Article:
- The Washington Times - Tuesday, October 15, 2002

As much as anything else, a coach's job is to look for tendencies, to look for little things that are starting to unravel that might end up being major problems if not caught in the early stages.
The Washington Capitals are 2-0; coach Bruce Cassidy is undefeated at home and on the road. The team record for consecutive victories to start a season is four and that is certainly within reach.
But "there's lot of stuff that needs to be corrected," he said. "We could have dominated both games but as a coach you're always looking to fix things and get better."
Washington is 2-0 because it scored late goals in games against Nashville and the New York Islanders. It is 2-0 because it was able to overcome its own errors and its own inability to stay out of the penalty box.
Discipline, Cassidy admitted, is a problem. The Caps have taken 10 penalties in each of the first two games, an unusually high number and a trend that started in training camp. The problem arises when the Caps go to kill off the infraction the results this season are just about the same as they were last season, a success rate of about 82 percent. That's not good enough for a team hoping to drive deep into postseason.
"You can't continue to take eight, nine penalties a night," Cassidy said. "If they're calling obstruction ones and you're having a tough time adjusting, I can understand. But we're not moving our feet and the other ones are just discipline, retaliatory [penalties]. Those are the ones you've got to eliminate. You've got to learn to bite your tongue in this game some nights."
Some of the penalties can be attributed to a lack of experience. Rookie defenseman Steve Eminger, for instance, has eight penalty minutes second highest on the team but he is learning the ropes, learning what he can and cannot get away with in the NHL. But he is also playing very well for a rookie.
Others are simply taking lazy penalties hooking, tripping or getting caught being a little too physical along the boards.
"You have to be careful," Cassidy said. "You want to let your physical players go out and be intimidating. You've got to let them do their thing clear the front of the net, get under the other guy's skin. But at some point you draw the line. I think there's a time and place for those penalties and a time and place to draw the line."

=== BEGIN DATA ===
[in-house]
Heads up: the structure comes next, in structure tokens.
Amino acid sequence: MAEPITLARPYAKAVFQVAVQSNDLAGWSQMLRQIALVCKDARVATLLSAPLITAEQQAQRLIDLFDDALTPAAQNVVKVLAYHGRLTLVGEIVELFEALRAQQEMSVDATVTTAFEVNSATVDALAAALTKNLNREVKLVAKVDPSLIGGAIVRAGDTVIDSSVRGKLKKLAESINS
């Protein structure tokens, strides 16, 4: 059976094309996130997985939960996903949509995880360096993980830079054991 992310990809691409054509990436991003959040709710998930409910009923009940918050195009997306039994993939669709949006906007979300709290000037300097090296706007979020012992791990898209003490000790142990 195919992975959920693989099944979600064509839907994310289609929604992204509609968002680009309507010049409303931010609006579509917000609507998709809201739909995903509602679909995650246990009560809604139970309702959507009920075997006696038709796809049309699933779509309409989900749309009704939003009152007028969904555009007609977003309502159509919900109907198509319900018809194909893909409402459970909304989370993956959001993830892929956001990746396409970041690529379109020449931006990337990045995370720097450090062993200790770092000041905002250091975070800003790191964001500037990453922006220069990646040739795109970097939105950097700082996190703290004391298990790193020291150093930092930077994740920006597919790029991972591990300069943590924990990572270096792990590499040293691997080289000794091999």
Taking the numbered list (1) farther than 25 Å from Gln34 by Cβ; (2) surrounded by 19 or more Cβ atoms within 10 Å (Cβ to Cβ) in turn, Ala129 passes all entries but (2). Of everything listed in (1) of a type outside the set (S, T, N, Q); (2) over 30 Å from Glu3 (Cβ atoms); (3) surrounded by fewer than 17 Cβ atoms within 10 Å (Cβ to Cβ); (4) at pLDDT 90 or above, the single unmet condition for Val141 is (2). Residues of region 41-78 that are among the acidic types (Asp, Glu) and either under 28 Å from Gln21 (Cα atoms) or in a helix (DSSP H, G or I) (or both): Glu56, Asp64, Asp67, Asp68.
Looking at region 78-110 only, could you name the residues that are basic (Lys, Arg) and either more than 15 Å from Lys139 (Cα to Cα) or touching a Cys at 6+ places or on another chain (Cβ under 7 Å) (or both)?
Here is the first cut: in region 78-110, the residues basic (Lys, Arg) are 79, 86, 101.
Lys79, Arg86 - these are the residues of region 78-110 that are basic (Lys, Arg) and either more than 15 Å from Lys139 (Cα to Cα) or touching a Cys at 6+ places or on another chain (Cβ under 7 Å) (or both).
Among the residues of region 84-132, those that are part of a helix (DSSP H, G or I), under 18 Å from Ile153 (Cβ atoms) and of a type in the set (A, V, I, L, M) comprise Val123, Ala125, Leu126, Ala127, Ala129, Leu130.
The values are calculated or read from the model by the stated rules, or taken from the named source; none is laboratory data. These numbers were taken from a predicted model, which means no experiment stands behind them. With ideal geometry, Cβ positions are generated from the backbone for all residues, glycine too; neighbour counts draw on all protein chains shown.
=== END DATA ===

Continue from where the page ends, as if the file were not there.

The clear implication was that the time is approaching to draw the line. Cassidy and the entire organization are under pressure to make a success of the month of October rather than waste valuable points, which Caps teams have turned into something of a perverse tradition. Immediately ahead of the club are seven road games before it returns for its second and last home game of the month.
However, the Caps are way ahead of the game compared to last season. Three of their top penalty-killers, defenseman Calle Johansson and forwards Jeff Halpern and Steve Konowalchuk, have returned from injury, bolstering a unit that did not have much success last season. Newcomers Mike Grier and Robert Lang have given the team added depth in an area where it was badly needed, an area where fatigue was a factor a season ago.
"We're fortunate because Halpern and Konowalchuk do a lot of the killing and they're not out there a lot for the power play," Cassidy said.
Peter Bondra and Jaromir Jagr, paramount members of the power play, are two of the forwards who have been held back so far: "You can't ask them to do everything and do it at 100 percent," Cassidy said.

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